The law was passed by the state assembly of Kelantan, controlled by the opposition Pan-Malaysian Islamic Party (PAS). It is feared the move will threaten the unity of the three-party opposition coalition.
The alliance - known as Pakatan Rakyat (People's Pact) - is formed by PAS, the Democratic Action Party (DAP), which represents the country's ethnic Chinese minority, and the multi-racial People's Justice Party.
"PAS has openly demonstrated that they cannot be trusted," Gobind Singh Deo from the DAP was quoted by AFP as saying. "It is therefore now untenable for us to remain in any relationship with PAS."
PAS tried to implement the Islamic criminal code, or hudud, in Kelantan, but failed to do so as it is forbidden by the country's federal constitution. However, the party is to propose two bills which, if passed, will allow the introduction of hudud in Kelantan.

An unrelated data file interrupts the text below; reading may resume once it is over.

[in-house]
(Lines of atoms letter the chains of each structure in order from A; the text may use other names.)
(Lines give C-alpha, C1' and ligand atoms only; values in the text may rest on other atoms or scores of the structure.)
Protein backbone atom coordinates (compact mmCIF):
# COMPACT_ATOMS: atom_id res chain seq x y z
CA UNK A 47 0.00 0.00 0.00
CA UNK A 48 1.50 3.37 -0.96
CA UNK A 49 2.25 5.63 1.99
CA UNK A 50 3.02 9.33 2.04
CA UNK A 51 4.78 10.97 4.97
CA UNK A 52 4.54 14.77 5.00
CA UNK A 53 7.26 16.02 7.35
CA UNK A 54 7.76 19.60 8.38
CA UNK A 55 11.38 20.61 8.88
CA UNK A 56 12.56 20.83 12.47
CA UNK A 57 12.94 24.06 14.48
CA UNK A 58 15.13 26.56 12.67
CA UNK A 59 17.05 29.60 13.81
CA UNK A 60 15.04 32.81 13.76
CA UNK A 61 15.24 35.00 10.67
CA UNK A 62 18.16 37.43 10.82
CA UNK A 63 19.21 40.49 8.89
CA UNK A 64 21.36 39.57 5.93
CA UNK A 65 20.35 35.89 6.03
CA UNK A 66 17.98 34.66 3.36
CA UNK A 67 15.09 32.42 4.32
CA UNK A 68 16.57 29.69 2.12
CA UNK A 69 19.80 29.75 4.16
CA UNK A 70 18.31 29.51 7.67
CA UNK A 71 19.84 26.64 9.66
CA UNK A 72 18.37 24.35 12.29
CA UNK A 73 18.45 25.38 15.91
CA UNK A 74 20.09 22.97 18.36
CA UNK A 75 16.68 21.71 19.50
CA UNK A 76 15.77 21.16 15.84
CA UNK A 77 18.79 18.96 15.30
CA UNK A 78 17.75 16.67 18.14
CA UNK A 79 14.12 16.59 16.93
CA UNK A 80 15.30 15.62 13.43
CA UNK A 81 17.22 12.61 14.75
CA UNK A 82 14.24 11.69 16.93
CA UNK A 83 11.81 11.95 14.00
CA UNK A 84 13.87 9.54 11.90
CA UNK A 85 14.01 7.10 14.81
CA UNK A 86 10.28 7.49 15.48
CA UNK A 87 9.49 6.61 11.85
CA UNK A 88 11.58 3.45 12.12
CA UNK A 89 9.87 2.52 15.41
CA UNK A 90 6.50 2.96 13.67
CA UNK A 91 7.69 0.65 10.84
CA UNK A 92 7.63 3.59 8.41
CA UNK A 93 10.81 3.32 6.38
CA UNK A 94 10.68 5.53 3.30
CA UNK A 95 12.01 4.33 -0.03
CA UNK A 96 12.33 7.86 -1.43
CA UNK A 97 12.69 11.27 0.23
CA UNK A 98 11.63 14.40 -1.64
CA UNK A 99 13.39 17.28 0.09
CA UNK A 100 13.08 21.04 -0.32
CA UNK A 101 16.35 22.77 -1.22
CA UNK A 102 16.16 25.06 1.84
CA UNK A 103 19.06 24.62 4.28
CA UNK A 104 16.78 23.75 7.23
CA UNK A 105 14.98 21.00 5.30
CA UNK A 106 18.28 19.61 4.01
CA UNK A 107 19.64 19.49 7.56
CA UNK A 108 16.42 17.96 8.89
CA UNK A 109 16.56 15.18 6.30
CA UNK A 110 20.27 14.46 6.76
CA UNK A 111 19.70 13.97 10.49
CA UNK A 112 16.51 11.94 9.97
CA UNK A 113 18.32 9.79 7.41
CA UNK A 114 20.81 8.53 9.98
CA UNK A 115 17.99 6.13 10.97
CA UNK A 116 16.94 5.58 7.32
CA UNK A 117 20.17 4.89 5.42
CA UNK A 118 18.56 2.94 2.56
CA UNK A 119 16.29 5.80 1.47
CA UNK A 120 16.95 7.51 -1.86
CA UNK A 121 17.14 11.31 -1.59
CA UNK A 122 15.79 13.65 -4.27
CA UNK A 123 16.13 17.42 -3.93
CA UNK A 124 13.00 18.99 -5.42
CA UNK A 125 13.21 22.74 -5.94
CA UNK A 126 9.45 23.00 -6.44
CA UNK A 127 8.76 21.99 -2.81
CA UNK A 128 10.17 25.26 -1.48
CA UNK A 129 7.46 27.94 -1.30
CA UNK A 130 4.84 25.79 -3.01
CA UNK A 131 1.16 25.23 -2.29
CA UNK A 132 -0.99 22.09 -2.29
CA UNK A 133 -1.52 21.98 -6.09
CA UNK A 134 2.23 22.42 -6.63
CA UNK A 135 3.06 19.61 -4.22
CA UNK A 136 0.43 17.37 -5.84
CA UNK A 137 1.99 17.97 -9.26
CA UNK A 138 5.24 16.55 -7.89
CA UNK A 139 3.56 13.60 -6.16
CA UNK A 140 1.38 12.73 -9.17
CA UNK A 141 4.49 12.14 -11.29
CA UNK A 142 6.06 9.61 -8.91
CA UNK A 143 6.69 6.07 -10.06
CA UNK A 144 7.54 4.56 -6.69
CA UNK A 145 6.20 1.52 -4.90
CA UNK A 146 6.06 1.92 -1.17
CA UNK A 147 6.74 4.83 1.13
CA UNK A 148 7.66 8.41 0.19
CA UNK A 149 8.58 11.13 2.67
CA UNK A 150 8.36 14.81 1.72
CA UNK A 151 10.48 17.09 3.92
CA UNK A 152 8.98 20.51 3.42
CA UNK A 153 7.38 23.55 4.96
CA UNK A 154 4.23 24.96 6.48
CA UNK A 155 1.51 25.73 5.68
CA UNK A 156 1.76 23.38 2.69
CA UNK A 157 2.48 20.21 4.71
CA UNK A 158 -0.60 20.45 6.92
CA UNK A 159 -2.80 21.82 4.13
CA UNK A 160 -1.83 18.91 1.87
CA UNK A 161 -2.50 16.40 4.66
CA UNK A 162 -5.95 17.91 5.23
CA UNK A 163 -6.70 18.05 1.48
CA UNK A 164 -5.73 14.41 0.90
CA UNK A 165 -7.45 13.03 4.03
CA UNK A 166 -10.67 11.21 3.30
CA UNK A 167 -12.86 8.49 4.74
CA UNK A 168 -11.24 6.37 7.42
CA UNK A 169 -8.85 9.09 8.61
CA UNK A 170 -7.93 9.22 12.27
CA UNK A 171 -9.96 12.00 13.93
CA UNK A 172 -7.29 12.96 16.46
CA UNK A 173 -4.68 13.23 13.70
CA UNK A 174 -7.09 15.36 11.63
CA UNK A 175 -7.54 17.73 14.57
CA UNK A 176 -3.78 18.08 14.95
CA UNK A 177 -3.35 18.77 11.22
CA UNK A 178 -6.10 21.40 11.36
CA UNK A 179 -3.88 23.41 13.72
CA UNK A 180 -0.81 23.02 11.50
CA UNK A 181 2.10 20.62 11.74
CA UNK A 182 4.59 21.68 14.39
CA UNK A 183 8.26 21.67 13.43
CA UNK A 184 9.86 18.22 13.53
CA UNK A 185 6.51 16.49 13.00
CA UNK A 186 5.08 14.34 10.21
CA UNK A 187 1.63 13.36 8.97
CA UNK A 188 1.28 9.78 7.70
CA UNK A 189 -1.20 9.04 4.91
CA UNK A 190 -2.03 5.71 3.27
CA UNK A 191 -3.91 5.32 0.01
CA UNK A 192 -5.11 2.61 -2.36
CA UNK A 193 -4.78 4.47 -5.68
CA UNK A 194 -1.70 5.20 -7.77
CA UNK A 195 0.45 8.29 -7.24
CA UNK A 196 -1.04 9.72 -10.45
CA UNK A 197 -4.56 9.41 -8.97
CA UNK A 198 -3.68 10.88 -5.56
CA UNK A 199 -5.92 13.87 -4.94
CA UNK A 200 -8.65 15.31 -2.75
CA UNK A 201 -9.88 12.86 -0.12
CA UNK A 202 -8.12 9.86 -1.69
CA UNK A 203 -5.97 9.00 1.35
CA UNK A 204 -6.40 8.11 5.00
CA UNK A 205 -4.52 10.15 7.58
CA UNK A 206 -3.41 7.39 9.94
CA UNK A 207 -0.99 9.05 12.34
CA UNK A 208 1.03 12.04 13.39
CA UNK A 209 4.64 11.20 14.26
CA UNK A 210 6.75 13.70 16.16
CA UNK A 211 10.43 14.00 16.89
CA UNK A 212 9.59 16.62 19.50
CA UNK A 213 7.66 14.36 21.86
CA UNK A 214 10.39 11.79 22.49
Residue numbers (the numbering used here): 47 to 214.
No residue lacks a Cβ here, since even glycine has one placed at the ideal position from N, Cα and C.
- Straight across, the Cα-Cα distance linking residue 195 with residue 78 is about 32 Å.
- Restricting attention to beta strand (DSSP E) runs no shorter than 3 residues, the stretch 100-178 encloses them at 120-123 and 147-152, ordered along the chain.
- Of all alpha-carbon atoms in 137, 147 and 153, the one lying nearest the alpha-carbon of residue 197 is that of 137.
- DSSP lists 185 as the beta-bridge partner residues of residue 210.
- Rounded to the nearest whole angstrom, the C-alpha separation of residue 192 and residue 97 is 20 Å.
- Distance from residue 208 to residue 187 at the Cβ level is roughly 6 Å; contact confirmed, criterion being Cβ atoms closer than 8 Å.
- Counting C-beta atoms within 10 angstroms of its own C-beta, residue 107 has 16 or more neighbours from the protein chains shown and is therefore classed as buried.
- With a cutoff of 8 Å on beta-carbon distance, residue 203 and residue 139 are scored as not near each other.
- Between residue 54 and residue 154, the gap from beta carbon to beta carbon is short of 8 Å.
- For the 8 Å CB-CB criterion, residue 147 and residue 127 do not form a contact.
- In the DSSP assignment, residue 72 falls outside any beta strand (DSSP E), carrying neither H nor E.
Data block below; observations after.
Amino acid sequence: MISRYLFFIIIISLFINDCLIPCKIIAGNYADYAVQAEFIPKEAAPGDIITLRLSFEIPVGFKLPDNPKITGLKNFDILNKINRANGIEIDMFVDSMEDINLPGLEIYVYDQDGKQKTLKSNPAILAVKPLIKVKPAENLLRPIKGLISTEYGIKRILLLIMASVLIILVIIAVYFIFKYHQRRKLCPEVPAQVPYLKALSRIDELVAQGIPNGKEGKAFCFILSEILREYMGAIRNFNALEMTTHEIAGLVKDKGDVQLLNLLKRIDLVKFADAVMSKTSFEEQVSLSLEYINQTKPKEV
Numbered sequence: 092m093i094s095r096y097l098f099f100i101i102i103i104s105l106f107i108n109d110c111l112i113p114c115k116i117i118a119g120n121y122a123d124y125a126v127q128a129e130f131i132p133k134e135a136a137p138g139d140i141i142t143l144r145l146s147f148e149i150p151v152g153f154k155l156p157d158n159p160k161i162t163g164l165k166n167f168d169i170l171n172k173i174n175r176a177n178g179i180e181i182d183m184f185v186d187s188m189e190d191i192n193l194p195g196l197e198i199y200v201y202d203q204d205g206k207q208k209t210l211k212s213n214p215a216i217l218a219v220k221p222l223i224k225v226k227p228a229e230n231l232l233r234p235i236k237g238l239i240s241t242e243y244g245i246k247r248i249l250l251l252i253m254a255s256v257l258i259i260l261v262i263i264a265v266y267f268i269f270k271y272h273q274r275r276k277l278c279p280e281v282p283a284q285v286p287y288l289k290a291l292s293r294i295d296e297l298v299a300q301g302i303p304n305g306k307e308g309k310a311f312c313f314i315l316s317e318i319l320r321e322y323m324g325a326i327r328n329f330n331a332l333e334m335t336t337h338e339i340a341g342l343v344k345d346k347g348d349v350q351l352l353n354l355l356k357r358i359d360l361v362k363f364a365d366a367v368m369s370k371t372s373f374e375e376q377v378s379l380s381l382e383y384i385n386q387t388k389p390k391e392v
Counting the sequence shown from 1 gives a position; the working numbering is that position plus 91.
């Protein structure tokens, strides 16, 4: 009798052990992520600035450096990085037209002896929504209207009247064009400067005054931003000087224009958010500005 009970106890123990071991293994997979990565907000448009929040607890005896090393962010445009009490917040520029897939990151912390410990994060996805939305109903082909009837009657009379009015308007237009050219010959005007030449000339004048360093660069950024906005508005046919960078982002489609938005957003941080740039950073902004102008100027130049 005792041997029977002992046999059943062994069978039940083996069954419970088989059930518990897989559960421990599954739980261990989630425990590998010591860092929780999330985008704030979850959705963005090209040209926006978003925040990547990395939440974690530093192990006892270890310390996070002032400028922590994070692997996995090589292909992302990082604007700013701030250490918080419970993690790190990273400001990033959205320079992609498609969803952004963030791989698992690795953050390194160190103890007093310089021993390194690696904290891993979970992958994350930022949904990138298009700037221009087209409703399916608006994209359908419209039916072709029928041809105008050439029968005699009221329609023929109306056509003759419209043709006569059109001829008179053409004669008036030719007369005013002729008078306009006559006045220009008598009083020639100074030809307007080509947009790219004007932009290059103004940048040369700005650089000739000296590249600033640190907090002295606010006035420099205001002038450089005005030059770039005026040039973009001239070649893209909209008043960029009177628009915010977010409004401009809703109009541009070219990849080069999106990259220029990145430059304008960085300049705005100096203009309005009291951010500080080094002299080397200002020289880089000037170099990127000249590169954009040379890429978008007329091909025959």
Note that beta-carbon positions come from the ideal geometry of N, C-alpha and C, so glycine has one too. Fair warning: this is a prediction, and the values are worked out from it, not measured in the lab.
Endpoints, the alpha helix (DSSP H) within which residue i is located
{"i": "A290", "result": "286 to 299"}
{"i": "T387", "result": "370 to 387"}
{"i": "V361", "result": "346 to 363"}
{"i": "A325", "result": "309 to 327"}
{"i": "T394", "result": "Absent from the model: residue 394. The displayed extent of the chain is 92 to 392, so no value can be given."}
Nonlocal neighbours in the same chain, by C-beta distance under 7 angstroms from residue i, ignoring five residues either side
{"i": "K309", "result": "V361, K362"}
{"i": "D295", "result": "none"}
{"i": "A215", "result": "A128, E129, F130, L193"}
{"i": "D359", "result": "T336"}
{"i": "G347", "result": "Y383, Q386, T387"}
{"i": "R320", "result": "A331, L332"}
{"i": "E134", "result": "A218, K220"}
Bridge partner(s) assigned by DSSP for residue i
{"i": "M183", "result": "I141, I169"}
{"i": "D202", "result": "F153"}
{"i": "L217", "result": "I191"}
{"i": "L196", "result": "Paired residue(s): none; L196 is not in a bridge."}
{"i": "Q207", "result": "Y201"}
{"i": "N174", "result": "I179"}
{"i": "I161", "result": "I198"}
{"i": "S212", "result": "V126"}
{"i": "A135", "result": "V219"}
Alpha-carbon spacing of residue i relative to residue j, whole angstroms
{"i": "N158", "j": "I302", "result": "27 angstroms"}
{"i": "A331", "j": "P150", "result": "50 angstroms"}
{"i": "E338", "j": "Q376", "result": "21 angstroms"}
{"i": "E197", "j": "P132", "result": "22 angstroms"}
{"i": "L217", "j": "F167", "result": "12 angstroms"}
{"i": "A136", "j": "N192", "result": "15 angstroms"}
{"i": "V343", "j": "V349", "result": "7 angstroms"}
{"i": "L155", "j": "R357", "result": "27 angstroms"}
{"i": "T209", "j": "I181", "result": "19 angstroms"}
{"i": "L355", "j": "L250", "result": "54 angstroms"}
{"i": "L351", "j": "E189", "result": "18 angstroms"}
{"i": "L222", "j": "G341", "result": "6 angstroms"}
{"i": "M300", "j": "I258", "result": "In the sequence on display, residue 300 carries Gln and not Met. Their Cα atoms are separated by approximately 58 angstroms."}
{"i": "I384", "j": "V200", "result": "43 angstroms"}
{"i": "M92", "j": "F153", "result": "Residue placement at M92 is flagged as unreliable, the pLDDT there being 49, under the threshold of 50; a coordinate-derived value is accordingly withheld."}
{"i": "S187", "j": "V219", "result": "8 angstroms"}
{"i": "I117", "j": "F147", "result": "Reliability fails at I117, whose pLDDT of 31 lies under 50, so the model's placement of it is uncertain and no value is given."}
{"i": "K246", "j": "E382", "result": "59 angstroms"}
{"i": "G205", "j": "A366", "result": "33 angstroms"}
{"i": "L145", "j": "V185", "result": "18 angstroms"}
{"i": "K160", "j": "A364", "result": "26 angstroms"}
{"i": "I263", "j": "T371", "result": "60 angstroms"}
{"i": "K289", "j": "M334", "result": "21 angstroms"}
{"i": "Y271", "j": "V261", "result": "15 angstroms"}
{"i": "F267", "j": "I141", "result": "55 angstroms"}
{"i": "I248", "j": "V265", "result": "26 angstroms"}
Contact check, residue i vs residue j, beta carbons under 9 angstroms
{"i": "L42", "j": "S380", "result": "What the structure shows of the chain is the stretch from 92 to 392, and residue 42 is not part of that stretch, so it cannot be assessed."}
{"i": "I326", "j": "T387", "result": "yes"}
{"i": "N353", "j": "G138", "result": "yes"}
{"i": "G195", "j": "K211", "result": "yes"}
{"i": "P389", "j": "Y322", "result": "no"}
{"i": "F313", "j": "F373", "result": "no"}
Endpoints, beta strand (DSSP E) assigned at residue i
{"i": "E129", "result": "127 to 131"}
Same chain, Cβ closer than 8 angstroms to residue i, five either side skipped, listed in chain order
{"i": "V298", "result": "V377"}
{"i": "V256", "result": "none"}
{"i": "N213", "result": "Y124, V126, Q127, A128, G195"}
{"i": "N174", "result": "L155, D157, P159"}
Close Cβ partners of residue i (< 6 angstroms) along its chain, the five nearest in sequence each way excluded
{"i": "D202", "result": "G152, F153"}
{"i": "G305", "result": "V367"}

In March, the Kelantan chapter of the Malaysian Chinese Association (MCA) - part of Malaysia's ruling coalition Barisan Nasional (BN) - denied allegations that parties in Kelantan support the hudud.
The state's MCA deputy chairman, Tan Ken Tan, told the Malay Mail Online: "MCA definitely will not support [hudud], not only at the Kelantan level, at the national level," he said, adding MCA will "definitely" ask its fellow party members who are MPs to vote against the two bills.